Photo of Sydni Chiles, the author of "Undocumented Lesbian"

In this work of creative nonfiction, South side native Sydni Chiles writes about the difficulties of having her identity pigeonholed by societal definitions, and the beauty of finally breaking away from those definitions.

I remember resolving to call myself a lesbian. There had been those girl-on-girl encounters in high school but I doubted if the term applied to me tonguing and titillating my best friend; yet, it had only been our attraction to one another that necessitated the friendship. We snuck around kissing in abandoned places, and we touched obscurely when in the company of our friends. We talked all day and all night so our friends and family understood we were close companions. No one knew that I called her my girlfriend because, when we were flirting over the phone, I would call her by another name: Joey. My cousin or my grandma would ask me who I was talking to and I’d tell them it was my boyfriend; neither of them would show any interest after that. I worried about them knowing about my secret girlfriend; also, I wished they would inquire more curiously so I could tell them.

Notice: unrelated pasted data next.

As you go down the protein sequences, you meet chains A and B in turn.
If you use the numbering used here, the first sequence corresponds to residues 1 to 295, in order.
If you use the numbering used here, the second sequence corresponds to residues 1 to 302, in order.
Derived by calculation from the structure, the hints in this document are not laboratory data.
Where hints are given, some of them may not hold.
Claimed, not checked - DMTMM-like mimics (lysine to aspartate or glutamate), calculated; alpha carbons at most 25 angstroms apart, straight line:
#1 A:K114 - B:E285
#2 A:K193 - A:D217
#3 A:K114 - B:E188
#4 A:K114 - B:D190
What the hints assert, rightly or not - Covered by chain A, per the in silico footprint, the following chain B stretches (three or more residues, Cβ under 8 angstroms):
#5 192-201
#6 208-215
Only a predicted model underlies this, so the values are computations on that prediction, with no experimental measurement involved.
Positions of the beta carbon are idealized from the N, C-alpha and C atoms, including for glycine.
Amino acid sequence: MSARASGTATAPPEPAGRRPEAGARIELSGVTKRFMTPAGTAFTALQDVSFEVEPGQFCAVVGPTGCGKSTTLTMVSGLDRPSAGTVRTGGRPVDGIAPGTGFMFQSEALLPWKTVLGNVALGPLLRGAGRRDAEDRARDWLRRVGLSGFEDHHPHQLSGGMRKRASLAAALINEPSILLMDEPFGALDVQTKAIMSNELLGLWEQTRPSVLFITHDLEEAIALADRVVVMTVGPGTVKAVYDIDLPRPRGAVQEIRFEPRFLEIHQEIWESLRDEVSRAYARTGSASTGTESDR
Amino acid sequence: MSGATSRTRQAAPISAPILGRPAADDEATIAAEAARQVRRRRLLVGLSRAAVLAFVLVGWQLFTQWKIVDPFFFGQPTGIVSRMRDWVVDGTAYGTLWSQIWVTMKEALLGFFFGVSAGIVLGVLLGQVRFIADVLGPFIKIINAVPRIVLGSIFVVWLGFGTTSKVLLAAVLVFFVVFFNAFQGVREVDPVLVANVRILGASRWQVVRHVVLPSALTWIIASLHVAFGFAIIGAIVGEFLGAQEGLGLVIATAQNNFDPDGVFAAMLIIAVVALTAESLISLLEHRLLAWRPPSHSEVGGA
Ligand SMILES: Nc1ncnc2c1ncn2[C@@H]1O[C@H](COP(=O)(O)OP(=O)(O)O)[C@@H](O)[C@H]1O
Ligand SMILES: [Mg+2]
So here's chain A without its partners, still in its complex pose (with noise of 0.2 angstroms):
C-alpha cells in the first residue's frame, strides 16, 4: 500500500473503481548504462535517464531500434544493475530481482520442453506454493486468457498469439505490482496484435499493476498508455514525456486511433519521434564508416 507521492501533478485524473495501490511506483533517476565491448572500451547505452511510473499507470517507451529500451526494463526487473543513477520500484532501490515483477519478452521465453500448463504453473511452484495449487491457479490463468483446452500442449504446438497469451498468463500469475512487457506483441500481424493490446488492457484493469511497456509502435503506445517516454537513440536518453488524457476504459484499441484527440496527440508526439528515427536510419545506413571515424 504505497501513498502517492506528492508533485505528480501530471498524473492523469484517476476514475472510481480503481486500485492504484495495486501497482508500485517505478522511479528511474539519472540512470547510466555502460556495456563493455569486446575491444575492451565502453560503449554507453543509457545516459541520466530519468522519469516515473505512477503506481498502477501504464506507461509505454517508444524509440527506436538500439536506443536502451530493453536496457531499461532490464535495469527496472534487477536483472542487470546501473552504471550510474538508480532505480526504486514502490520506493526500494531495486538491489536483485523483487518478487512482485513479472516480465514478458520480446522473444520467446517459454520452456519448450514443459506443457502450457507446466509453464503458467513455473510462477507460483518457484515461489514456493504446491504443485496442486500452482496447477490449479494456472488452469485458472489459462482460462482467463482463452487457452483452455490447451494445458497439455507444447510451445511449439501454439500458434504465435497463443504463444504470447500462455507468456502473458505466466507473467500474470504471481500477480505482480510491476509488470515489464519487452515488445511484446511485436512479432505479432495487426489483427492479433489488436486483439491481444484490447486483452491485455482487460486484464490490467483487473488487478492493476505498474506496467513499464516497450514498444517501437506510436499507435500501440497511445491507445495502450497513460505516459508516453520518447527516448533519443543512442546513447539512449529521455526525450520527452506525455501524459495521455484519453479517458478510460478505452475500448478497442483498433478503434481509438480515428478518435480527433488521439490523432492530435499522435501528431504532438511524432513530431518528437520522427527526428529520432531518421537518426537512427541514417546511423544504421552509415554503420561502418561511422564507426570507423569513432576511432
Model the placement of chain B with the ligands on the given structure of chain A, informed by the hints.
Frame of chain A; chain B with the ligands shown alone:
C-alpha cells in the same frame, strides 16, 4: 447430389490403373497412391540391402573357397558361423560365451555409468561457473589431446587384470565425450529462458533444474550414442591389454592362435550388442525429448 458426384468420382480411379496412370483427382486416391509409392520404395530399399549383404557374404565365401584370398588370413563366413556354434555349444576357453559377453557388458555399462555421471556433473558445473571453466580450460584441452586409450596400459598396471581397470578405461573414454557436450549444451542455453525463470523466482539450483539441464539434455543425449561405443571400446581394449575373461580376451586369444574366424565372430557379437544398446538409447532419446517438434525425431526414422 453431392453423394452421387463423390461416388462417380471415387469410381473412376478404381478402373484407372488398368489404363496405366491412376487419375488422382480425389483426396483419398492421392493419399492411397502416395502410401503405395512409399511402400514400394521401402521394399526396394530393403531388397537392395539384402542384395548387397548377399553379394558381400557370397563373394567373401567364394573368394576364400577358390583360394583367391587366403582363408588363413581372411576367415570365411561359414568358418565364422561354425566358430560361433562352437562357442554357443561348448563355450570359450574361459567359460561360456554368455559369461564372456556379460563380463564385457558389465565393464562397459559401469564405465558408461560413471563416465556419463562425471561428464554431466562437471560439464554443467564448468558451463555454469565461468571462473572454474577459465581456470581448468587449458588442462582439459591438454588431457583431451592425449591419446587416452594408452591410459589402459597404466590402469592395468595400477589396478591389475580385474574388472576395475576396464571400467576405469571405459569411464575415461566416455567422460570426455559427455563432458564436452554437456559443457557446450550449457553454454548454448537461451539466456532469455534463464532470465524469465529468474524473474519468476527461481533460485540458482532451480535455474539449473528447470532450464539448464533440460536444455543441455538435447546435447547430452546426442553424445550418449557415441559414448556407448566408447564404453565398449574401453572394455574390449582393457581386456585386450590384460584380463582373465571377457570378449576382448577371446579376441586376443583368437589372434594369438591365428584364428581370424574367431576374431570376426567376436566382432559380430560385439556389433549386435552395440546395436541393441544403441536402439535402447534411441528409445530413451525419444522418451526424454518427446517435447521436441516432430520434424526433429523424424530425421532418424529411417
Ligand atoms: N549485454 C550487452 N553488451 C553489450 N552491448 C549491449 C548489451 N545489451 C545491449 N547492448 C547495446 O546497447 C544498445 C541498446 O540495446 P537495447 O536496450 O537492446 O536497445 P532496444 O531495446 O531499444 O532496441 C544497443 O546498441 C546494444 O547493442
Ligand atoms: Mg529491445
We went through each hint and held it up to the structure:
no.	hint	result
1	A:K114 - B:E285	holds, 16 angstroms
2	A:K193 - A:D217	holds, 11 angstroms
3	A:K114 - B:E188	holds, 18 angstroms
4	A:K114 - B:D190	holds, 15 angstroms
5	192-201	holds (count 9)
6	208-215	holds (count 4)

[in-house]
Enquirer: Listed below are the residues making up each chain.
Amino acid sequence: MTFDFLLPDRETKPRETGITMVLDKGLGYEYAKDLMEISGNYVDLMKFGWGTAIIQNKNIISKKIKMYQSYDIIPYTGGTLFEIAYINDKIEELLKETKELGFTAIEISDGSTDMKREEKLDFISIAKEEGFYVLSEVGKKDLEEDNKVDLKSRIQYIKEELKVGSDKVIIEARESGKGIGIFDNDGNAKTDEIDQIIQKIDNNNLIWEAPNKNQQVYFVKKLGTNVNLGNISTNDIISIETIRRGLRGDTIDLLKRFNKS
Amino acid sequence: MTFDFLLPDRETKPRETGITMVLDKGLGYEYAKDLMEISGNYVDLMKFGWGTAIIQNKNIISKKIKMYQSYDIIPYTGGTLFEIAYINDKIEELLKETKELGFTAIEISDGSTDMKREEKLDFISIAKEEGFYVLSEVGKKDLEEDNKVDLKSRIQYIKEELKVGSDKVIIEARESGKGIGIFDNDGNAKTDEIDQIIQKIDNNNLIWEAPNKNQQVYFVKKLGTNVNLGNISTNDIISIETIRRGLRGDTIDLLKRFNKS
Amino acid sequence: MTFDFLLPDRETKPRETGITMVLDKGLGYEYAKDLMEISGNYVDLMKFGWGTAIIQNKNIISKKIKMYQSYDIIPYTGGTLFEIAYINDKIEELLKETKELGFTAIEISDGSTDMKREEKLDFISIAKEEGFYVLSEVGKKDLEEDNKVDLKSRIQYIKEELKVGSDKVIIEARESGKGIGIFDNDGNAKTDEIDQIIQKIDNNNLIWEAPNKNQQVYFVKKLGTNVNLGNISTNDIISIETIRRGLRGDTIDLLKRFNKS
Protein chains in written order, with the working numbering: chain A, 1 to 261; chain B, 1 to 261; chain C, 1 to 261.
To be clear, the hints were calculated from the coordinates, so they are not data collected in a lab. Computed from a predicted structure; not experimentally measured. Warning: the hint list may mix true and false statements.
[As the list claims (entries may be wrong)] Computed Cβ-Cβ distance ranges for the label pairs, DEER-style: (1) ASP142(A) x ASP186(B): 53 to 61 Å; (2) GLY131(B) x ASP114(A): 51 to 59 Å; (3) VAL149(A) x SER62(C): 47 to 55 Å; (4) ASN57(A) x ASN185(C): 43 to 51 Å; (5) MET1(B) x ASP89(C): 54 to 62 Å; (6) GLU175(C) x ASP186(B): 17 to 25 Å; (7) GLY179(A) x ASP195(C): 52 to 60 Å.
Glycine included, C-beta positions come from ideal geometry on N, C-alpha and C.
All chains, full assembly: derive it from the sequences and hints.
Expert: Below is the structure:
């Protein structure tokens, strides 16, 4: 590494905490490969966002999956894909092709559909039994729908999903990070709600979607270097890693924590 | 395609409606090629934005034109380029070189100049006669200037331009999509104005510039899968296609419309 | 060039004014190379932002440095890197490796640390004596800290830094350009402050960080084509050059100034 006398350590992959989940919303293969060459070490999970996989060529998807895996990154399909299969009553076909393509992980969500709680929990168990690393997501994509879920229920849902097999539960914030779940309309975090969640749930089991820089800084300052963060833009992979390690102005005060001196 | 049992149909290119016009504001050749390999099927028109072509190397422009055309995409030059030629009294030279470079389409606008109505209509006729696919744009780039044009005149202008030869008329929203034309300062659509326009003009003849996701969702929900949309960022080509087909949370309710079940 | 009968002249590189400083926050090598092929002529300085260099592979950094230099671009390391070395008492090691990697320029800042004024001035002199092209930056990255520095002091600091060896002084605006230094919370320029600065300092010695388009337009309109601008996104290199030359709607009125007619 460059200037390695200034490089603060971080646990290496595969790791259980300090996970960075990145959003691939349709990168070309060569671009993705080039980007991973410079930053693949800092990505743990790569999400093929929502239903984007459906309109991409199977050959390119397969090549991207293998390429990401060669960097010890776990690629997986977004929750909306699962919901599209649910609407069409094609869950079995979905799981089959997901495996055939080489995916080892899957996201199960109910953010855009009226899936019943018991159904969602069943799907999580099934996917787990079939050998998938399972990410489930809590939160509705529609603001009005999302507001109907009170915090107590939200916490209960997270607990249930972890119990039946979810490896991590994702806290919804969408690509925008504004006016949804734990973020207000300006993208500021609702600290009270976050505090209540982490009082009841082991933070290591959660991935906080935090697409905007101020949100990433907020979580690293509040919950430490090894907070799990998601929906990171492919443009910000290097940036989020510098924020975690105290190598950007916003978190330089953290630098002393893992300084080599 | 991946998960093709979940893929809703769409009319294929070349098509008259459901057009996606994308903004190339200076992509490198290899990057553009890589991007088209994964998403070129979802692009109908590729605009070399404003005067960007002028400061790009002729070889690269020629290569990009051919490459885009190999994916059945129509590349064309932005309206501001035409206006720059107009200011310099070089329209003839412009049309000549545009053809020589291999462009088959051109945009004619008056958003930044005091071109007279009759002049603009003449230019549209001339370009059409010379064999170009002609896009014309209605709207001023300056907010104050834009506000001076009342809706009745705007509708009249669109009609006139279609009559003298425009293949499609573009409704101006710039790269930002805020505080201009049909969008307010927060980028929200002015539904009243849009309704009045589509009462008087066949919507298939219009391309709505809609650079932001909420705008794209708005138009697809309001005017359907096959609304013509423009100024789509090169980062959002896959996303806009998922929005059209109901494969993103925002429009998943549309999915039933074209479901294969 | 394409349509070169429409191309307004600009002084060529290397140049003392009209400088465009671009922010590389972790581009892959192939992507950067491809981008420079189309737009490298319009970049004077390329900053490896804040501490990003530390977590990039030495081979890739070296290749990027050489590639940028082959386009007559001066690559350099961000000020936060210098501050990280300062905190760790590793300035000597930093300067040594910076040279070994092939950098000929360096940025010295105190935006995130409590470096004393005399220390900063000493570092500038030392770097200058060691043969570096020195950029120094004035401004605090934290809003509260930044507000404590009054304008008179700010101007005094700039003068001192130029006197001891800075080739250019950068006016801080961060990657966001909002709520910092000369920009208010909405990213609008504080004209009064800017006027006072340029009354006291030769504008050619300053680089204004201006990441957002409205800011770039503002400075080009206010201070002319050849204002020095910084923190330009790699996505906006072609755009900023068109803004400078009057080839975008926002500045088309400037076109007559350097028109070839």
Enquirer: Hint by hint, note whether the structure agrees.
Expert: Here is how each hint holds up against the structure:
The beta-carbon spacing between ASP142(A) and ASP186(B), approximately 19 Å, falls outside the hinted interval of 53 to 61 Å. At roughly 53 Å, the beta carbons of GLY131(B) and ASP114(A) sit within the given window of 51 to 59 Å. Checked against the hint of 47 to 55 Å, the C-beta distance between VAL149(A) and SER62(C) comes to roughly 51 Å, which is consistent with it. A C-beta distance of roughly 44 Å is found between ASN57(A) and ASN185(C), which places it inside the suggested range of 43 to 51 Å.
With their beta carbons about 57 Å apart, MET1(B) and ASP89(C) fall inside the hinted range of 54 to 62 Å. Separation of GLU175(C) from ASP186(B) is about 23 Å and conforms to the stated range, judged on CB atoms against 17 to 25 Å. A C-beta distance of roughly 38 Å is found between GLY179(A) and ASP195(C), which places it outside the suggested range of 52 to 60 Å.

My aunt was the first lesbian I loved. She had come out to our family when she was fifteen years old by introducing her Joey as her girlfriend. The year was 1975: her secret was out, and no one cared. For the chastisement and abuse she did not get from the family, she received twice over in her encounters with the outside world: the baton beatings and disparaging remarks from police; the assaults from emboldened men who were determined to force her into submission, and the underground house parties broken up with bright lights and blaring sirens. When I began to question my own sexuality, around 2005, those stories seemed like tales as far off as the land of Oz. Still, I heard them like warnings and I was afraid. My aunt had always dated gorgeous women–the one exception being a woman who wore oversized church hats and sweated profusely from her chin. My aunt held a high paying job that afforded her a home that felt to me like certain luxury in East Rogers Park. She was an upstanding citizen and my role model. She never gave me any reason to feel insecure or unsafe in her vicinity. Still, I was afraid. I was afraid because, coupled with her stories, there was my mom expressing deep concern and worry for her children, long before I had even popped my first pubescent pimple, that we would face greater strife and discord in our lives if we were homosexual. She too, a cisgendered heterosexual woman only three years my aunt’s younger, knew that the world was not fantastically accepting of homosexuals (as she always called it). I was afraid because I had never felt for a boy in my school the way I felt for my Joey, and if I could not fall in love with a man then I could not marry one, and there went a dream I’d curated for myself since I was seven years old. I was afraid because, though I did not grow up practicing religion, I knew Jesus Christ and I kneeled nightly at the edge of my bed giving my prayers to God so that I could get into Heaven. I was afraid of God and I was afraid of being condemned to Hell. I was afraid of being a disappointment and I was afraid of missing out on my blessings. Most of all, I was afraid that if I said from my mouth that I was a lesbian, then I could never take it back if I learned later that it was not true. There was, after all, that potential for Mr. Right to meet me around the mountain of mess that my hormones could not seem to sort out straight.